Elmer Knutson

Elmer Stanley Knutson (October 30, 1914 – August 9, 2001) was a Canadian businessman, activist and fringe politician.[1] Knutson was a strong supporter of creating an independent western Canada, in which the west would become sovereign from Canada's federal government.[2][3] He has been credited with "whip[ping] Western alienation into a political movement."[4]

Elmer Knutson
Elmer Stanley Knutson

(1914-10-30)October 30, 1914
DiedAugust 9, 2001(2001-08-09) (aged 86)
Edmonton, Alberta, Canada
Known forActivism, Fringe politics

Politics and activismEdit

With the advent Canada's National Energy Program in 1980, which gave the federal government more control over oil and gas resources in western Canada, he founded the Western Canada Federation (West-Fed),[5] a non-partisan organization to fight the federal Liberal Party.[6] Knutson held the belief that the 1931 Statute of Westminster, which granted legislative equality with the United Kingdom to Canada, also granted sovereignty to the provinces, because the provinces had not individually signed on to confederation. This view was criticized by constitutional experts.[7]

Many West-Fed members eventually left the organization to join the Victoria-based Western Canada Concept (WCC) party which, unlike West-Fed, fielded candidates in elections.[4]

Knutson was defeated in 1983 in his attempt to win the leadership of the Social Credit Party of Canada. In 1984, he founded the Confederation of Regions Party to advocate for a new Canadian constitution with more regional autonomy. He stepped down as leader a little more than a year later, saying, "If I can't get my message across, I had better give up trying."

He tried his hand at provincial politics in two by-elections as well as the 1986 Alberta General Election in the Olds-Didsbury riding, and came up second.

Personal lifeEdit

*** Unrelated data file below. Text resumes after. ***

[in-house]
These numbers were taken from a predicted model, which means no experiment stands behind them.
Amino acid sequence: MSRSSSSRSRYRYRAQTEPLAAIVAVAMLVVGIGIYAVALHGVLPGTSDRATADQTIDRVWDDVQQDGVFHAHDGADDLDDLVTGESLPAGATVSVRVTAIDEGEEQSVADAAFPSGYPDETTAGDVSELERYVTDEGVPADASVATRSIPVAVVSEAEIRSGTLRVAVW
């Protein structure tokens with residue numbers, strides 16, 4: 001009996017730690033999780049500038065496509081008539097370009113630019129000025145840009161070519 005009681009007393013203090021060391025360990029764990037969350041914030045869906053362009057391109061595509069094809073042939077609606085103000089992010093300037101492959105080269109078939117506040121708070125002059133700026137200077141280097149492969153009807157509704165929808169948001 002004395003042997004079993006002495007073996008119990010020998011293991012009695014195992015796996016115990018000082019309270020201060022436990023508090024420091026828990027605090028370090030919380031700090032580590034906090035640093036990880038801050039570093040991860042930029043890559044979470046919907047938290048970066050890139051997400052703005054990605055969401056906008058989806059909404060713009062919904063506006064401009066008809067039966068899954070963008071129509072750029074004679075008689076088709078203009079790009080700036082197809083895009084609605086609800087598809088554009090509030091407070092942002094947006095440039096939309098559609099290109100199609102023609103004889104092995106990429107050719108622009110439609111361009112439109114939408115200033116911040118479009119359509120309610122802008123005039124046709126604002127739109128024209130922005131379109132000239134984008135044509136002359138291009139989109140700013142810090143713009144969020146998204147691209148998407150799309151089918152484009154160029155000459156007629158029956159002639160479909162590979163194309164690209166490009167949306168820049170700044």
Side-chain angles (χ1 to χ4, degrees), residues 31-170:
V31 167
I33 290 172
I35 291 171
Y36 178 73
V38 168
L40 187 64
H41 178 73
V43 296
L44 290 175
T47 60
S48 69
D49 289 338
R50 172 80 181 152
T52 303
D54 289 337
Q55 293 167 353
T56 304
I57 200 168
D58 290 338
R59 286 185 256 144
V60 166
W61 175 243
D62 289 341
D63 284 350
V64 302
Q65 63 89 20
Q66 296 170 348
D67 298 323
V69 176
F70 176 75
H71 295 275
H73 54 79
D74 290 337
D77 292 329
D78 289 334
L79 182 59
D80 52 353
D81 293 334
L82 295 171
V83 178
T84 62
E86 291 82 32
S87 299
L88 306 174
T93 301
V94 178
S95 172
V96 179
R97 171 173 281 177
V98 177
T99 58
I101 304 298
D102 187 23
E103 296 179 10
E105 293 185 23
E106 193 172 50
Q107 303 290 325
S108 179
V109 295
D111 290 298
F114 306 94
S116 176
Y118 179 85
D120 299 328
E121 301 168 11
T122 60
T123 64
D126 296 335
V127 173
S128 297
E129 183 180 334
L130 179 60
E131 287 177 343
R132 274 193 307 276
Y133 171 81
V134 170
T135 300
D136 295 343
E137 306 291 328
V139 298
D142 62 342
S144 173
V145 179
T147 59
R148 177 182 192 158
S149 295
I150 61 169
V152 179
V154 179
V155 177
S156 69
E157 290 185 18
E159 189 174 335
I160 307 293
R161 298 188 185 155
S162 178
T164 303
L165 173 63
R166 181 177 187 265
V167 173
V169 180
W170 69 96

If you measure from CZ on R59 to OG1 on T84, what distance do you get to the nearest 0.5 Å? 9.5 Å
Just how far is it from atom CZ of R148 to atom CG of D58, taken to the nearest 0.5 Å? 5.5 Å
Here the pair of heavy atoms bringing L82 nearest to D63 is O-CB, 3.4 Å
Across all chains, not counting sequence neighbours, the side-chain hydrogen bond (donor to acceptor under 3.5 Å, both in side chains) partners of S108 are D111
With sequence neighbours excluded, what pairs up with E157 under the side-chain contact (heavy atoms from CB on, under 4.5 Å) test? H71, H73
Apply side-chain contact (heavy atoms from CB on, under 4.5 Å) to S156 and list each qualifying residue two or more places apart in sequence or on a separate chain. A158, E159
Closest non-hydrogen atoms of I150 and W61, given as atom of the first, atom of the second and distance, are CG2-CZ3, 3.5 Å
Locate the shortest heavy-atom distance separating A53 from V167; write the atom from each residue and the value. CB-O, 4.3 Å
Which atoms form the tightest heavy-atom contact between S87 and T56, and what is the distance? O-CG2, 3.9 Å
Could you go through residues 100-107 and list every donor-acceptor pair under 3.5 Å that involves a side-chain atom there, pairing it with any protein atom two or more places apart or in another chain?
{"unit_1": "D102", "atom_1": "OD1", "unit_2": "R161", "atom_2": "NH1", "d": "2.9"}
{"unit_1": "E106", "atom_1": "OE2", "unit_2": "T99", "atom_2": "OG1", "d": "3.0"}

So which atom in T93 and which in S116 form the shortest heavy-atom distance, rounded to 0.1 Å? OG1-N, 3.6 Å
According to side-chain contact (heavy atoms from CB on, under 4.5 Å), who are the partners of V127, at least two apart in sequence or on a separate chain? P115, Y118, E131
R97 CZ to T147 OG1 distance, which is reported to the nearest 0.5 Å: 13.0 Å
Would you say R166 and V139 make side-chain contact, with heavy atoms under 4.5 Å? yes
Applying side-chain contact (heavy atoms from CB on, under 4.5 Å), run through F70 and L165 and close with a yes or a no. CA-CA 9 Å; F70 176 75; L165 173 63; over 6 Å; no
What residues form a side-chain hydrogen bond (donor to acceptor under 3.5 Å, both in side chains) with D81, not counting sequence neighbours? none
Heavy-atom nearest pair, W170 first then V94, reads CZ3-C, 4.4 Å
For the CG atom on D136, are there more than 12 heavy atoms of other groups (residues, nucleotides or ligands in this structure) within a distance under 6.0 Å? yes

Knutson was born on the family farm in Torquay, Saskatchewan. He worked on road gangs, in lumber camps and mines until he won a baseball scholarship to a Lutheran college in North Dakota, USA. After serving in the Royal Canadian Navy during World War II, he opened a garage in Saskatoon.[citation needed] He later moved to Edmonton to form his own tractor parts company.[3] In 1969, he established Derrick Dodge Chrysler, a car dealership, and ran it until 1976.

Knutson died at the age of 86 in Edmonton.[citation needed]

See alsoEdit


  1. ^ "Obituary Daily Times Results". obits.rootsweb.ancestry.com. Archived from the original on 2016-06-11. Retrieved 2016-05-18.
  2. ^ Wischnewski, Nino (January 8, 1981). "West-Fed Plans Using $4 Million". The Calgary Herald. Retrieved April 27, 2012.
  3. ^ a b "Separatism in the West: How Far Does it Really Go?". The Montreal Gazette. March 20, 1980. Retrieved April 27, 2012.
  4. ^ a b "Elmer Knutson plans 'second try'". Leader-Post. Regina, Saskatchewan. December 30, 1982. p. 4. Retrieved May 3, 2012.
  5. ^ "Knutson-Nickle Attack Sways Big B.C. Crowd". Edmonton Journal. January 9, 1981. Retrieved April 27, 2012.
  6. ^ "The Alberta separatist movement that wasn't". Western Standard. 2009-05-09. Archived from the original on 2012-10-11. Retrieved 2012-04-27.
  7. ^ "West-Fed policy criticized". The Phoenix. Saskatoon. January 31, 1981. p. 7. Retrieved 1 May 2012.

Additional sourcesEdit